came out here. Sure, so we actually we were doing AI before ChatGPT was launched, before it was core. So what we do is we'll listen to any live interview, so be it on Zoom Teams, in person, on the phone, and we will extract all the intelligence about that candidate what are their potential strengths, concerns their skills, all those things as well as information about the interview. How much of the job description did the interview cover? Did the interviewer ask any questions? They're not supposed to around age, gender, race, those types of things and push that all into an ATS so that the recruiter or hiring manager doesn't have to go back in and enter any of that information.

Speaker 1:

So anyway it says, don't have to enter in any of that information. Is that information accessible via search like a Boolean search string or?

Speaker 2:

even better. So the search capability is the ATS. It's available, based on however the ATS works. However, what we've done is we've also put on top of all this interview intelligence a ChatGPT interface, so you can go up and say, hey, of the six sales people we interviewed, which one has the best ability to prospect on their own, which is not something you can really ask in a Boolean search, but this will interpret that you can ask.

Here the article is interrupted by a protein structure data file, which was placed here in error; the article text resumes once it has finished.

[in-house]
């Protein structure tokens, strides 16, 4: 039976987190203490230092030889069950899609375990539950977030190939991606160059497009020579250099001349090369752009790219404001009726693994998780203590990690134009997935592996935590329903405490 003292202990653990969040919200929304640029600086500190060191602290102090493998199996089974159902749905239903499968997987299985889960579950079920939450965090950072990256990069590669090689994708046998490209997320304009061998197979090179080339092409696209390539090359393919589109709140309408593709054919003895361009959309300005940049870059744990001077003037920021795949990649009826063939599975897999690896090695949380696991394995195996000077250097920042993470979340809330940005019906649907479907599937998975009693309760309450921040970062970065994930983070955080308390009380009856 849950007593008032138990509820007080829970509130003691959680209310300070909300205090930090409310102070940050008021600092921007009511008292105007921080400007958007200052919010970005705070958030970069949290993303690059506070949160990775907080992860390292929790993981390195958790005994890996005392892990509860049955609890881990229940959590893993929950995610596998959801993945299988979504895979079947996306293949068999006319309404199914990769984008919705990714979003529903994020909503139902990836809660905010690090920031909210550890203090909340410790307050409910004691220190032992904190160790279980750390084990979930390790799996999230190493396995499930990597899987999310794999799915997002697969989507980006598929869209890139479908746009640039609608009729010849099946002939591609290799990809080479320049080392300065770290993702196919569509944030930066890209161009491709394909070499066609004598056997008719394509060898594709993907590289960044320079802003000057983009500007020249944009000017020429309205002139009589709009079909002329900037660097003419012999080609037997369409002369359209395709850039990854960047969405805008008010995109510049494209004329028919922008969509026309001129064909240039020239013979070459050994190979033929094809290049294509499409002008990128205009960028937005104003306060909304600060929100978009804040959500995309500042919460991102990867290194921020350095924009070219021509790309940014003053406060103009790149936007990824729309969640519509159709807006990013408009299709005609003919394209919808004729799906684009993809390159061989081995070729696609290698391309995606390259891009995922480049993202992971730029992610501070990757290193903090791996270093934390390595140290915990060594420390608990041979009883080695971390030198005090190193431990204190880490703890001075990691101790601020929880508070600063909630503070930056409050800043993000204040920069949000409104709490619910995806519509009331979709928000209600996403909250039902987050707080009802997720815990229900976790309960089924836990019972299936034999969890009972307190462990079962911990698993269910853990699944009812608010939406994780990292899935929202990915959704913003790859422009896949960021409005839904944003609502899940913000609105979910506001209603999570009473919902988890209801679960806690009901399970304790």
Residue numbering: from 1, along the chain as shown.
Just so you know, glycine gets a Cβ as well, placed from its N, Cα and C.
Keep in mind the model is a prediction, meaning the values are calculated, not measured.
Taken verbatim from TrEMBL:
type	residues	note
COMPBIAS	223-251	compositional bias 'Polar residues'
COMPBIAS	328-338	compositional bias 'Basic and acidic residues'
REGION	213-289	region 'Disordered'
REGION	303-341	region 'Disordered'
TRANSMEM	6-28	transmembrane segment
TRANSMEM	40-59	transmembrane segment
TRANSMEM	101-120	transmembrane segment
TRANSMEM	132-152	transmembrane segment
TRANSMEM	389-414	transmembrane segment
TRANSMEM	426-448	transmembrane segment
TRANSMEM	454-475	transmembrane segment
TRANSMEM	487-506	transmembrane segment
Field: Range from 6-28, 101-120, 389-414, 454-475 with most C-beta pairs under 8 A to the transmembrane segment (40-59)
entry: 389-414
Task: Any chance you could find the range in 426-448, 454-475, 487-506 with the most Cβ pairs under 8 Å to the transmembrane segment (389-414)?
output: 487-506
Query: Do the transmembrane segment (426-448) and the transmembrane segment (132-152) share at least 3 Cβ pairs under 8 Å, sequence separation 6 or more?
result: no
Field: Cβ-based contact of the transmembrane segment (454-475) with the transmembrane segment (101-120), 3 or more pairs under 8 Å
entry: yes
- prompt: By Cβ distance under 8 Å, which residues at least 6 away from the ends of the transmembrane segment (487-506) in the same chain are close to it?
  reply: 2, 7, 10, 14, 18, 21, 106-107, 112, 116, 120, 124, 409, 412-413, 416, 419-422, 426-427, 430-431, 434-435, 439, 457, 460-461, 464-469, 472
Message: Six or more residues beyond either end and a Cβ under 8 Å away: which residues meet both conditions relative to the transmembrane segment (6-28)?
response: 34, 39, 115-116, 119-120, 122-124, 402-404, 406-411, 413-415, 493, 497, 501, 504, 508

Speaker 3:

you're just not going to get an answer. You can ask anything you want.

Speaker 1:

Who is the best sales person? He's being super humble here.

Speaker 3:

He tells you how it works, but you've seen it in action.

Speaker 1:

Right, I've seen it in action.

Speaker 3: